The conversion efficiency of a photovoltaic (PV) cell, or solar cell, is the percentage of the solar energy shining on a PV device that is converted into usable electricity. Improving this conversion efficiency is a key goal of research and helps make PV technologies cost-competitive with conventional sources of energy.
Factors Affecting Conversion Efficiency
Not all of the sunlight that reaches a PV cell is converted into electricity. In fact, most of it is lost. Multiple factors in solar cell design play roles in limiting a cell's ability to convert the sunlight it receives. Designing with these factors in mind is how higher efficiencies can be achieved.
- Wavelength—Light is composed of photons—or packets of energy—that have a wide range of wavelengths and energies. The sunlight that reaches the earth's surface has wavelengths from ultraviolet, through the visible range, to infrared. When light strikes the surface of a solar cell, some photons are reflected, while others pass right through. Some of the absorbed photons have their energy turned into heat. The remainder have the right amount of energy to separate electrons from their atomic bonds to produce charge carriers and electric current.
- Recombination—One way for electric current to flow in a semiconductor is for a "charge carrier," such as a negatively-charged electron, to flow across the material. Another such charge carrier is known as a "hole," which represents the absence of an electron within the material and acts like a positive charge carrier. When an electron encounters a hole, they may recombine and therefore cancel out their contributions to the electrical current. Direct recombination, in which light-generated electrons and holes encounter each other, recombine, and emit a photon, reverses the process from which electricity is generated in a solar cell. It is one of the fundamental factors that limits efficiency. Indirect recombination is a process in which the electrons or holes encounter an impurity, a defect in the crystal structure, or interface that makes it easier for them to recombine and release their energy as heat.
- Temperature—Solar cells generally work best at low temperatures. Higher temperatures cause the semiconductor properties to shift, resulting in a slight increase in current, but a much larger decrease in voltage. Extreme increases in temperature can also damage the cell and other module materials, leading to shorter operating lifetimes. Since much of the sunlight shining on cells becomes heat, proper thermal management improves both efficiency and lifetime.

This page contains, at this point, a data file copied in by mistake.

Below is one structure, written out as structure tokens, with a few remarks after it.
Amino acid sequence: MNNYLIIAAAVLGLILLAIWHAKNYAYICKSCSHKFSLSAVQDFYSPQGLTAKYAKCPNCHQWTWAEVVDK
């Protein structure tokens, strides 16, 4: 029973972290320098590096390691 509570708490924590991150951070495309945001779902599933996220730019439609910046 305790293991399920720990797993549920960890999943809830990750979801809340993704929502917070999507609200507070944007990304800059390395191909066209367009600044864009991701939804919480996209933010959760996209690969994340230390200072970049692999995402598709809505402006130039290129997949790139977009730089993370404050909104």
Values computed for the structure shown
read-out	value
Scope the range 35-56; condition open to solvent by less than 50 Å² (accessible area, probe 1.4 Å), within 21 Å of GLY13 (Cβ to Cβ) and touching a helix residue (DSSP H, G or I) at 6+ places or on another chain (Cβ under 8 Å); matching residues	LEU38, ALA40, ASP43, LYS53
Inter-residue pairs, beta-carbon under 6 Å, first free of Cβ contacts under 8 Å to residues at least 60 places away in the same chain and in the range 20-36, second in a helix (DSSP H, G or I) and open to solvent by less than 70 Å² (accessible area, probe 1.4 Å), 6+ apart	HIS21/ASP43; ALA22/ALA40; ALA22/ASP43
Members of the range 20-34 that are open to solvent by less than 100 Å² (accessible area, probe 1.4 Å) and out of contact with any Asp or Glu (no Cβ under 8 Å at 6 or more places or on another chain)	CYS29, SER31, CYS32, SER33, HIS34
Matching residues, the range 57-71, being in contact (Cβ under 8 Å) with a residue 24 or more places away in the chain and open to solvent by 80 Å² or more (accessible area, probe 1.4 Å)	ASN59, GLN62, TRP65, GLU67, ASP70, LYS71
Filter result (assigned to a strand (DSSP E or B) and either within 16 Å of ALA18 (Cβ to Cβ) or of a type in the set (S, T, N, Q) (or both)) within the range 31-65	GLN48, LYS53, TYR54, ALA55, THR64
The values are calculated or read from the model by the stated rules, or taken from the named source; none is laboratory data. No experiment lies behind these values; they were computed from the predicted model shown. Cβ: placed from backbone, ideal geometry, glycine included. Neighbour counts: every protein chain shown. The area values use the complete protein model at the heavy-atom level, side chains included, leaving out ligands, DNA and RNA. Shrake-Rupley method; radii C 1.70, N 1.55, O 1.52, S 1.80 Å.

- Reflection—A cell's efficiency can be increased by minimizing the amount of light reflected away from the cell's surface. For example, untreated silicon reflects more than 30% of incident light. Anti-reflection coatings and textured surfaces help decrease reflection. A high-efficiency cell will appear dark blue or black.
Determining Conversion Efficiency
Researchers measure the performance of a PV device to predict the power the cell will produce. Electrical power is the product of current and voltage. Current-voltage relationships measure the electrical characteristics of PV devices. If a certain "load" resistance is connected to the two terminals of a cell or module, the current and voltage being produced will adjust according to Ohm's law (the current through a conductor between two points is directly proportional to the potential difference across the two points). Efficiencies are obtained by exposing the cell to a constant, standard level of light while maintaining a constant cell temperature, and measuring the current and voltage that are produced for different load resistances.
Learn more about the achievements of the PV Fleet Performance Data Initiative, the basics of PV technology, and the solar office's PV research.